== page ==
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2016 Most Influential Women Honoree: Rebecca Donaldson

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Education is the passion that fuels Rebecca Donaldson’s purpose.

Having started in the classroom, she now is in her third year as principal for Weller Elementary School.

“As a classroom teacher, I have led children in the learning process. As a reading specialist, I have led struggling readers into the world of books. As a literacy coach, I have led teachers to improve their pedagogy. And now as a principal, I lead a community – a high-poverty elementary school of students who are racially diverse with many English language learners,” says Donaldson, who started with Springfield Public Schools in 1999.
Donaldson says her leadership is demonstrated through children, their parents, teachers, staff and the many community volunteers. They share a vision for Weller Elementary to become the hub of the north-side neighborhood where children and families grow.

Donaldson moved to Springfield 20 years ago so her husband, Steve, and his brothers could start Convoy of Hope in the central United States. She has a bachelor’s degree in elementary education from Evangel University, two master’s degrees – in reading from Evangel and education administration from Missouri State University – and a doctorate of education in educational leadership from the University of Missouri.

While pursuing her doctorate, Donaldson faced hardship when her husband was diagnosed with a brain tumor and their then-17-year-old son had a stroke. She acknowledges the grit and determination it took to maintain her commitment to education while taking care of her family and considers it a professional accomplishment. But it’s not her greatest accomplishment.

Donaldson reserves that for the work she does every day at Weller. Her interactions with one student, in particular, stand out – a bully who frequently disrupted school with angry outbursts but who also displayed leadership qualities.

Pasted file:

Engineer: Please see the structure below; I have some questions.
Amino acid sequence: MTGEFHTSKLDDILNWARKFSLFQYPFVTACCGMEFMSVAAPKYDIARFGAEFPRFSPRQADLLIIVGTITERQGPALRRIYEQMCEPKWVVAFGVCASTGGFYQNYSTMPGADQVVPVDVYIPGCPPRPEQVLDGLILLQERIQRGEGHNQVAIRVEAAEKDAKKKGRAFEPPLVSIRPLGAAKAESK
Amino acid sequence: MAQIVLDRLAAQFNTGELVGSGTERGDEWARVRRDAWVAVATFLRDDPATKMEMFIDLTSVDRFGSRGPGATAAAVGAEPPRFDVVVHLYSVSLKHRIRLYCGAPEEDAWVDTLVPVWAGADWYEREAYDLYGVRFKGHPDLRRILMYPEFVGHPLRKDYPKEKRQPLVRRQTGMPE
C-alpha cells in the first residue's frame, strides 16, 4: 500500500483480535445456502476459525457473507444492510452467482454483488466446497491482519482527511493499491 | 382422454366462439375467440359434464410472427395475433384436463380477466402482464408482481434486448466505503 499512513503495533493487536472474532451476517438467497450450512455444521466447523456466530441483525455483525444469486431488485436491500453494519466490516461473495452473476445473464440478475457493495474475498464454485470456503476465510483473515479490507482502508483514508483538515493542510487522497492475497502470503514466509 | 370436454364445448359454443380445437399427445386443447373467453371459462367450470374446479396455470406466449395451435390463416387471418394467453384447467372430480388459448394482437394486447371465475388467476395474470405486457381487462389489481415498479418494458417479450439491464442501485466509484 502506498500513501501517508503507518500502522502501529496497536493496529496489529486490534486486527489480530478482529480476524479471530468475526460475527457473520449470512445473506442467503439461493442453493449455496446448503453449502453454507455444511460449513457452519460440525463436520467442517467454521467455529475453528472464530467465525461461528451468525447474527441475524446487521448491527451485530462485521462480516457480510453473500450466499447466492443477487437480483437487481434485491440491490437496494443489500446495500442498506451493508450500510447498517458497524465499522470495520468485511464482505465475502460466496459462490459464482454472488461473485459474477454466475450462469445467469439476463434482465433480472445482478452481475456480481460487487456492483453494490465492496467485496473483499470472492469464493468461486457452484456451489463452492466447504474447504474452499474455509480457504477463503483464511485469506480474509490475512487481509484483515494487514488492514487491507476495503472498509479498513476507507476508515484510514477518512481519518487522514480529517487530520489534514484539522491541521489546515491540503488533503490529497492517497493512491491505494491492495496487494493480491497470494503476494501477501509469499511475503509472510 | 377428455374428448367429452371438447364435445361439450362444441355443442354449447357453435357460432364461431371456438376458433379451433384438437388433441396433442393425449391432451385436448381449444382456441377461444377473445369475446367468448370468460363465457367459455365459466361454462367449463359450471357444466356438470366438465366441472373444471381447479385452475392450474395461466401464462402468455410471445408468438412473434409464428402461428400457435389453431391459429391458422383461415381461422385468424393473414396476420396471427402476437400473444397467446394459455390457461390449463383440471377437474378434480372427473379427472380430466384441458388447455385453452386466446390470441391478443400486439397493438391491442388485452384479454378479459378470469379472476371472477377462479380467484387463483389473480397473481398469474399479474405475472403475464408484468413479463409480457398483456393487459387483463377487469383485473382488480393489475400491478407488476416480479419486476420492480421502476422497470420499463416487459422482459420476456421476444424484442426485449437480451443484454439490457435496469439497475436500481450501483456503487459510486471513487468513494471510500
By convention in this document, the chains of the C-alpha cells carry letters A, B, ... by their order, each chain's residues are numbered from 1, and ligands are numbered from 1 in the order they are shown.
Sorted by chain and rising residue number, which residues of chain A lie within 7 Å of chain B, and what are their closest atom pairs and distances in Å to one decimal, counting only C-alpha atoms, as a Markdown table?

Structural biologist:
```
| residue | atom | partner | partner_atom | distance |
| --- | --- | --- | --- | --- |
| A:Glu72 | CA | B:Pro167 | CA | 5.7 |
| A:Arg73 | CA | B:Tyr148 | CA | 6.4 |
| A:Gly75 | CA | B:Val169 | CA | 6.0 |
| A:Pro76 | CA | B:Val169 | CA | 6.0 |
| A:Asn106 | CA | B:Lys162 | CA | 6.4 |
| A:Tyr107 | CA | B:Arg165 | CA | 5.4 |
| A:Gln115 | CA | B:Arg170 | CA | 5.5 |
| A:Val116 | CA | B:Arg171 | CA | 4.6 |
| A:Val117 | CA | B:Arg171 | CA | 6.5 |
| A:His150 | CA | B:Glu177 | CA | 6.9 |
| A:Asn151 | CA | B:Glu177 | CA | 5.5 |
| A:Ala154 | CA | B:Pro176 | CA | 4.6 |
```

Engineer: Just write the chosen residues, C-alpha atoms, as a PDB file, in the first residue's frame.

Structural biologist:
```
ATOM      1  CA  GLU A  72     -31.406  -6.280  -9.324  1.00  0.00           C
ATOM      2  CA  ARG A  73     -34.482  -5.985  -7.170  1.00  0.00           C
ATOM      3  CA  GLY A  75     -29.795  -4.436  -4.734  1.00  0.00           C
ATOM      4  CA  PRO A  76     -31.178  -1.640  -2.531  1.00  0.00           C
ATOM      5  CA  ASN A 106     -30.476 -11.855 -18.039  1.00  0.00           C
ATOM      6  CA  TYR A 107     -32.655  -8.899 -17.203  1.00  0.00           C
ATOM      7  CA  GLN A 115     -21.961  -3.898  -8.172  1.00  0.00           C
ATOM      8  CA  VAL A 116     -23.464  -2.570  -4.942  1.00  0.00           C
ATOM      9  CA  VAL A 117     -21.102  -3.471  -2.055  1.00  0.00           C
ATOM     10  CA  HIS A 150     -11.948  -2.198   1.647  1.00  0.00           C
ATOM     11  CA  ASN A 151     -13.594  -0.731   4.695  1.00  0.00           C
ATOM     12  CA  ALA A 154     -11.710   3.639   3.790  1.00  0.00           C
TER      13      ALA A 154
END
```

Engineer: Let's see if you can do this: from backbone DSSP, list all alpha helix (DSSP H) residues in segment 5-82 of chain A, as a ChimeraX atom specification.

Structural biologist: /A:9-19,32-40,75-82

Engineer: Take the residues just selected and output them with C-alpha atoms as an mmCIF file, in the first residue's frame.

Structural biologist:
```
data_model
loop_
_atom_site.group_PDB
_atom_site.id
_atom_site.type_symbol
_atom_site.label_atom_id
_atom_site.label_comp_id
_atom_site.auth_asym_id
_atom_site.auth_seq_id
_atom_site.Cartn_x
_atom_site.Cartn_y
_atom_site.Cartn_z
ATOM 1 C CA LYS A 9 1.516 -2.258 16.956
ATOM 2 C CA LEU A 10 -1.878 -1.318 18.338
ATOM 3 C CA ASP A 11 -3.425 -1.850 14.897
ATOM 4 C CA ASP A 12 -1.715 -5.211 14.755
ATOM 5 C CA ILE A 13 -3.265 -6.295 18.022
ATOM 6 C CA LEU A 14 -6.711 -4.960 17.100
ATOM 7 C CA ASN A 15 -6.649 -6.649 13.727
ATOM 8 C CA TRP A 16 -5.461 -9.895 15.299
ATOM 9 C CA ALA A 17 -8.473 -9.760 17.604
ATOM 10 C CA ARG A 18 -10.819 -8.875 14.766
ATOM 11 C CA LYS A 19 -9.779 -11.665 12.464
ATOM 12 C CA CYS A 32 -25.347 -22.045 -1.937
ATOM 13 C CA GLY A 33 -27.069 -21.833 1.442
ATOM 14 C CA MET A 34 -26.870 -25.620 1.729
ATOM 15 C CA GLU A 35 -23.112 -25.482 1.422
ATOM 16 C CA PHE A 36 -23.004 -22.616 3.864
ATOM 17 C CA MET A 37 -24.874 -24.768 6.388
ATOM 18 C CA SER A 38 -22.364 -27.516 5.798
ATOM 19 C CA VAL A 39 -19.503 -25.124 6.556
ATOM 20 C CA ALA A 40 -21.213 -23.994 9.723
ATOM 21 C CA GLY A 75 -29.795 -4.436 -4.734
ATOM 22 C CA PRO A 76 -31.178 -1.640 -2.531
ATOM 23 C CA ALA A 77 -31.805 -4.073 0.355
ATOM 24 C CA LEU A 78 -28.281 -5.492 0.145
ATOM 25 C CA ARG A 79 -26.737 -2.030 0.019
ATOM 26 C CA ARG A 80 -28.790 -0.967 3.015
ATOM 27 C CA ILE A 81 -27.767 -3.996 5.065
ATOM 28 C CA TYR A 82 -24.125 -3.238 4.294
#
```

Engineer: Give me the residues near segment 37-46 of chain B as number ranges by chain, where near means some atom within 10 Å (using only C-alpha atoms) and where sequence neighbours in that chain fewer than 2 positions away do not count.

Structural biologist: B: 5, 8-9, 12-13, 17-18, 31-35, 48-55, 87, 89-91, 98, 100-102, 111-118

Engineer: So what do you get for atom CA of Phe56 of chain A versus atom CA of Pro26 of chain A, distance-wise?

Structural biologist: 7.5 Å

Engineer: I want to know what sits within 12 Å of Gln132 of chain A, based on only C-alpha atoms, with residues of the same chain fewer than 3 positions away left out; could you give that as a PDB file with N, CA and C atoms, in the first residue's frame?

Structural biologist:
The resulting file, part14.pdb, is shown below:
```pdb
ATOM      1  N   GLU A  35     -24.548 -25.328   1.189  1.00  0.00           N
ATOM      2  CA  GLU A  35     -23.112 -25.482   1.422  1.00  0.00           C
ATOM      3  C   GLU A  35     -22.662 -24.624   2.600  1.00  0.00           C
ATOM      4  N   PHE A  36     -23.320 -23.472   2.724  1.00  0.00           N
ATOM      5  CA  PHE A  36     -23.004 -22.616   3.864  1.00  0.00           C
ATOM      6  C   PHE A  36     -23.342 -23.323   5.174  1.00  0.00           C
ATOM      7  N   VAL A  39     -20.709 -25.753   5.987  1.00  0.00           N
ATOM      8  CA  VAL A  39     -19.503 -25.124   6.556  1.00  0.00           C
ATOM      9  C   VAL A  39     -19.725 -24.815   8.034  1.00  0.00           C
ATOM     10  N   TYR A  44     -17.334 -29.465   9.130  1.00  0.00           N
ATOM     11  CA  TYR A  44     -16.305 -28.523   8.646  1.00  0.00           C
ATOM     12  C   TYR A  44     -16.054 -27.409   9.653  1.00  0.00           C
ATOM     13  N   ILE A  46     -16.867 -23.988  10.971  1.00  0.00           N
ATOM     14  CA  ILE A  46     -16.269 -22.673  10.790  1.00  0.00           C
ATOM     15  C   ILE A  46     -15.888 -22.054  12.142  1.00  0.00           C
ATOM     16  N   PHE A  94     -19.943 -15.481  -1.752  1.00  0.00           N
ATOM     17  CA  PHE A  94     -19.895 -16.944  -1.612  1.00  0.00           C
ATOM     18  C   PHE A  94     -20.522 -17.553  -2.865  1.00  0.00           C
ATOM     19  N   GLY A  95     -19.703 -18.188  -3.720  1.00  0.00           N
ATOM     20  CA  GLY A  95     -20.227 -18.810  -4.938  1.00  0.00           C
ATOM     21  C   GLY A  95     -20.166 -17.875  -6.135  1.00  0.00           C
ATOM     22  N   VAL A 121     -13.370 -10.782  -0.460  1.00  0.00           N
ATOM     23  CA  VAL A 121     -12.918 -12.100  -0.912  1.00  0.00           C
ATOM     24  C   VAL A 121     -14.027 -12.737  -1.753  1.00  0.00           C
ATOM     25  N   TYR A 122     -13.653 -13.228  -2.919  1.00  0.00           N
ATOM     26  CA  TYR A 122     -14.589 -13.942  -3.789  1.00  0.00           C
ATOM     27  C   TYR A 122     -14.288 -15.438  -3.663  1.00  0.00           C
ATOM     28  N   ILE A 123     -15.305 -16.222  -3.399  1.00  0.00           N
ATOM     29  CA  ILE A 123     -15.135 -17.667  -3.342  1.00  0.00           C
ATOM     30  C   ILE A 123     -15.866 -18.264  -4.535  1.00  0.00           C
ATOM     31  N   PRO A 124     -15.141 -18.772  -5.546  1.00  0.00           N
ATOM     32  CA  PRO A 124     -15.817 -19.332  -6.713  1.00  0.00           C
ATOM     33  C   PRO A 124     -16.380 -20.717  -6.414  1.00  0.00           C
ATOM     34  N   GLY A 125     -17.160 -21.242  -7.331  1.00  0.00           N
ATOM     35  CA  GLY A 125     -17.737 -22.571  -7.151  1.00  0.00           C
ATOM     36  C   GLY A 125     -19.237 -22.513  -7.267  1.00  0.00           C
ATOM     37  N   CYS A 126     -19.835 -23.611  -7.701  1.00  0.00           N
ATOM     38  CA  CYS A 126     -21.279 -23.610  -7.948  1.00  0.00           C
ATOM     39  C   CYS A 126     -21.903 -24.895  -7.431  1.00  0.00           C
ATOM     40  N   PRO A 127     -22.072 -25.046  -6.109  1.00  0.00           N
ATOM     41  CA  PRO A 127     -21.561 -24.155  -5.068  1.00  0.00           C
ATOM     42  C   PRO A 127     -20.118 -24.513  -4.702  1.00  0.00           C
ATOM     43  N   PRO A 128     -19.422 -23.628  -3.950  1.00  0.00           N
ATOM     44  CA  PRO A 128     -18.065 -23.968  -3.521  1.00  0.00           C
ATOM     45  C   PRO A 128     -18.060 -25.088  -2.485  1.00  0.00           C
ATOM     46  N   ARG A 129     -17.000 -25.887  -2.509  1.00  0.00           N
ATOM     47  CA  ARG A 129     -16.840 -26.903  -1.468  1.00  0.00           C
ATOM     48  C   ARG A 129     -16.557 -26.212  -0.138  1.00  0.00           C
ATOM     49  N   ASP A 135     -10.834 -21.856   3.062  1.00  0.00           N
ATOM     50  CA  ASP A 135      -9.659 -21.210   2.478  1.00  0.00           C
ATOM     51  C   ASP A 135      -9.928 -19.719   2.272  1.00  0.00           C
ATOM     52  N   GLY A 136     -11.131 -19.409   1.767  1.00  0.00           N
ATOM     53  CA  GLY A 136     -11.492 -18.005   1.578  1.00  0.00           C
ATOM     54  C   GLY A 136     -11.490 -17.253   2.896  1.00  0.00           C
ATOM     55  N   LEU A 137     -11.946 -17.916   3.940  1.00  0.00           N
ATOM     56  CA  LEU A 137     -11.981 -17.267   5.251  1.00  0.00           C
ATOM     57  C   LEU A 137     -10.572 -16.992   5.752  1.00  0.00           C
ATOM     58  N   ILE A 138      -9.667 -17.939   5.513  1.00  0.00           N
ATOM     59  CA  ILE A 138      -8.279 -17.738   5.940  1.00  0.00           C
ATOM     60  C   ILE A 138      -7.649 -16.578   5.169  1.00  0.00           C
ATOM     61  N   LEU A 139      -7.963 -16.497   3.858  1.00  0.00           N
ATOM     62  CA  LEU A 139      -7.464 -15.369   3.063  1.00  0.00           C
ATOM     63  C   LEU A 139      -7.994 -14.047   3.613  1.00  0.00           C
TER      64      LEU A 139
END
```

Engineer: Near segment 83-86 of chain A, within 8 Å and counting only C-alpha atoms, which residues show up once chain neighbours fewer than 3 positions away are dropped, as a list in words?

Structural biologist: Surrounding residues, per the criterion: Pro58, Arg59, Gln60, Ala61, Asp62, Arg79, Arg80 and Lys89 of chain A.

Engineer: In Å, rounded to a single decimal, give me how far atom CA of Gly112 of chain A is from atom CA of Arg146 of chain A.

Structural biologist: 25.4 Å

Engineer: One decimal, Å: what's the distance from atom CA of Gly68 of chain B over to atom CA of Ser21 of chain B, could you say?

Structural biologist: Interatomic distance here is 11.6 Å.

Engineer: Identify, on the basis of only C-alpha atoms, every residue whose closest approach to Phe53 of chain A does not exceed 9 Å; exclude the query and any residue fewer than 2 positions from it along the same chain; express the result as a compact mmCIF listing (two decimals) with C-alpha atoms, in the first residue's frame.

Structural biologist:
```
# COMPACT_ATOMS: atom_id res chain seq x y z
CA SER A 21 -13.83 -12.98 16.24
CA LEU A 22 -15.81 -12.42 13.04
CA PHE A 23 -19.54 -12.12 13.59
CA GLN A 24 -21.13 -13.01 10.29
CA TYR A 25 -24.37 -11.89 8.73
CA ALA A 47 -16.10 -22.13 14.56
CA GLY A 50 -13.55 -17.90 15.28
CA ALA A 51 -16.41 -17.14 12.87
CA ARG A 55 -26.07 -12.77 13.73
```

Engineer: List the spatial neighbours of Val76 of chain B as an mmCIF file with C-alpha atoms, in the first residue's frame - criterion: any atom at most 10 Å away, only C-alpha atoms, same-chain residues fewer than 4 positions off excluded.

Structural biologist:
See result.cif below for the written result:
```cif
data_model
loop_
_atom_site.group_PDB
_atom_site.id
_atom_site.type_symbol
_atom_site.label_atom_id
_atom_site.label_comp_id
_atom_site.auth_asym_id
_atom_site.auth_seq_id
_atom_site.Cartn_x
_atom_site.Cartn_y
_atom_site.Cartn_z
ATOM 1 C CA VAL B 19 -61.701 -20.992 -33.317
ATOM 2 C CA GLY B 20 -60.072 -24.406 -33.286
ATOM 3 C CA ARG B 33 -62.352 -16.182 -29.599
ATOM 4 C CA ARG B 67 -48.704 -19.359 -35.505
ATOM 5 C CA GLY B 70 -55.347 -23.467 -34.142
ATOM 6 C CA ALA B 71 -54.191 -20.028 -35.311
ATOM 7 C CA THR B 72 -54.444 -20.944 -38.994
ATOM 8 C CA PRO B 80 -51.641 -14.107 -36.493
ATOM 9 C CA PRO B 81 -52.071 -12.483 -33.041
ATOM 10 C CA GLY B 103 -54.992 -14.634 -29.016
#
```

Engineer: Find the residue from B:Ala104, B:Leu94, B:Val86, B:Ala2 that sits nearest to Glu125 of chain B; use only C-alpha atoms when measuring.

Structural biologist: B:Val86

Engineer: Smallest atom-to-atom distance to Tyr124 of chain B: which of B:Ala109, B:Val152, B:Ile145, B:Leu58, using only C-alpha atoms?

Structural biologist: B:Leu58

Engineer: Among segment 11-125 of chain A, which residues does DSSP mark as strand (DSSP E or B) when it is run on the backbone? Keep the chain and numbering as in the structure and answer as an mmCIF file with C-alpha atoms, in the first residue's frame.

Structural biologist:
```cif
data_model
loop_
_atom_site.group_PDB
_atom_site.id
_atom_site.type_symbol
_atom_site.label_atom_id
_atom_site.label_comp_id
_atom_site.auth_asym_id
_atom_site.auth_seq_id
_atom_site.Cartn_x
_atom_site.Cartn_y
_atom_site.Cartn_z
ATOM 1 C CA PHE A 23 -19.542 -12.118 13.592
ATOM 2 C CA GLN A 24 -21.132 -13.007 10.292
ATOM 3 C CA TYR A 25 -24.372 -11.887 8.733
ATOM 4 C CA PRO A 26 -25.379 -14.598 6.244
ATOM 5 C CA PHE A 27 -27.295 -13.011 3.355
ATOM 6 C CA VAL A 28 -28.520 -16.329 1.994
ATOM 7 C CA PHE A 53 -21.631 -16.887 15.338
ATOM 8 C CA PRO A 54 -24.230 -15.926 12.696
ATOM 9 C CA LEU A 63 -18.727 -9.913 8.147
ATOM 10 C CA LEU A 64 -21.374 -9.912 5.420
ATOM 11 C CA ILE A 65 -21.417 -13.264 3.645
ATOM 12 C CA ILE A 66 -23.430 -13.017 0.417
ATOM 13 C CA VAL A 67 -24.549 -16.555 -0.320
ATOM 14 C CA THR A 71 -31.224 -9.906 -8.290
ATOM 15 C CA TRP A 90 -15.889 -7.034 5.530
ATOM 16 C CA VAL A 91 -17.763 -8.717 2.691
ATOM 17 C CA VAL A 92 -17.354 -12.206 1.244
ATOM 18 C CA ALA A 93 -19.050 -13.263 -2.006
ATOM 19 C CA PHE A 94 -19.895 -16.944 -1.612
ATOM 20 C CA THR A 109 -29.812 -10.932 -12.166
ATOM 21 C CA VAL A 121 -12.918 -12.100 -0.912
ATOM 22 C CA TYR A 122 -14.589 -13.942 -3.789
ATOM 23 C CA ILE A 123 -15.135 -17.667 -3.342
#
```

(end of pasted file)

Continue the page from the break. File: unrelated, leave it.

Donaldson chose to try and steer this student in a positive direction, asking a friend to mentor him as a Half Hour Hero during lunch, among other efforts.

“His academics improved, and his negative behavior subsided,” Donaldson says. “The opportunity to help change the trajectory of a child is the greatest of my accomplishments. And the ripples for that child are many.”

She seeks to influence adults, too. When Donaldson taught at Campbell Elementary School, she created ParentsConnect@Campbell, which offered evening GED classes.

“Parents of my students have completed their GED or enrolled in college. Teachers I’ve led have learned public speaking, chaired large school events and have taken new steps professionally,” Donaldson says. “I hope the influence of my leadership will continue to unlock the potential of people.”

Jason Anderson, SPS’ executive director of elementary learning, says Donaldson embraces her role as a person of influence in students’ lives.

“Working to mitigate the at-risk behaviors and impact of inequalities is no small undertaking, but leading her 17 classroom teachers with over a dozen other teaching and support staff is what Rebecca has committed to do and has demonstrated success,” he says.


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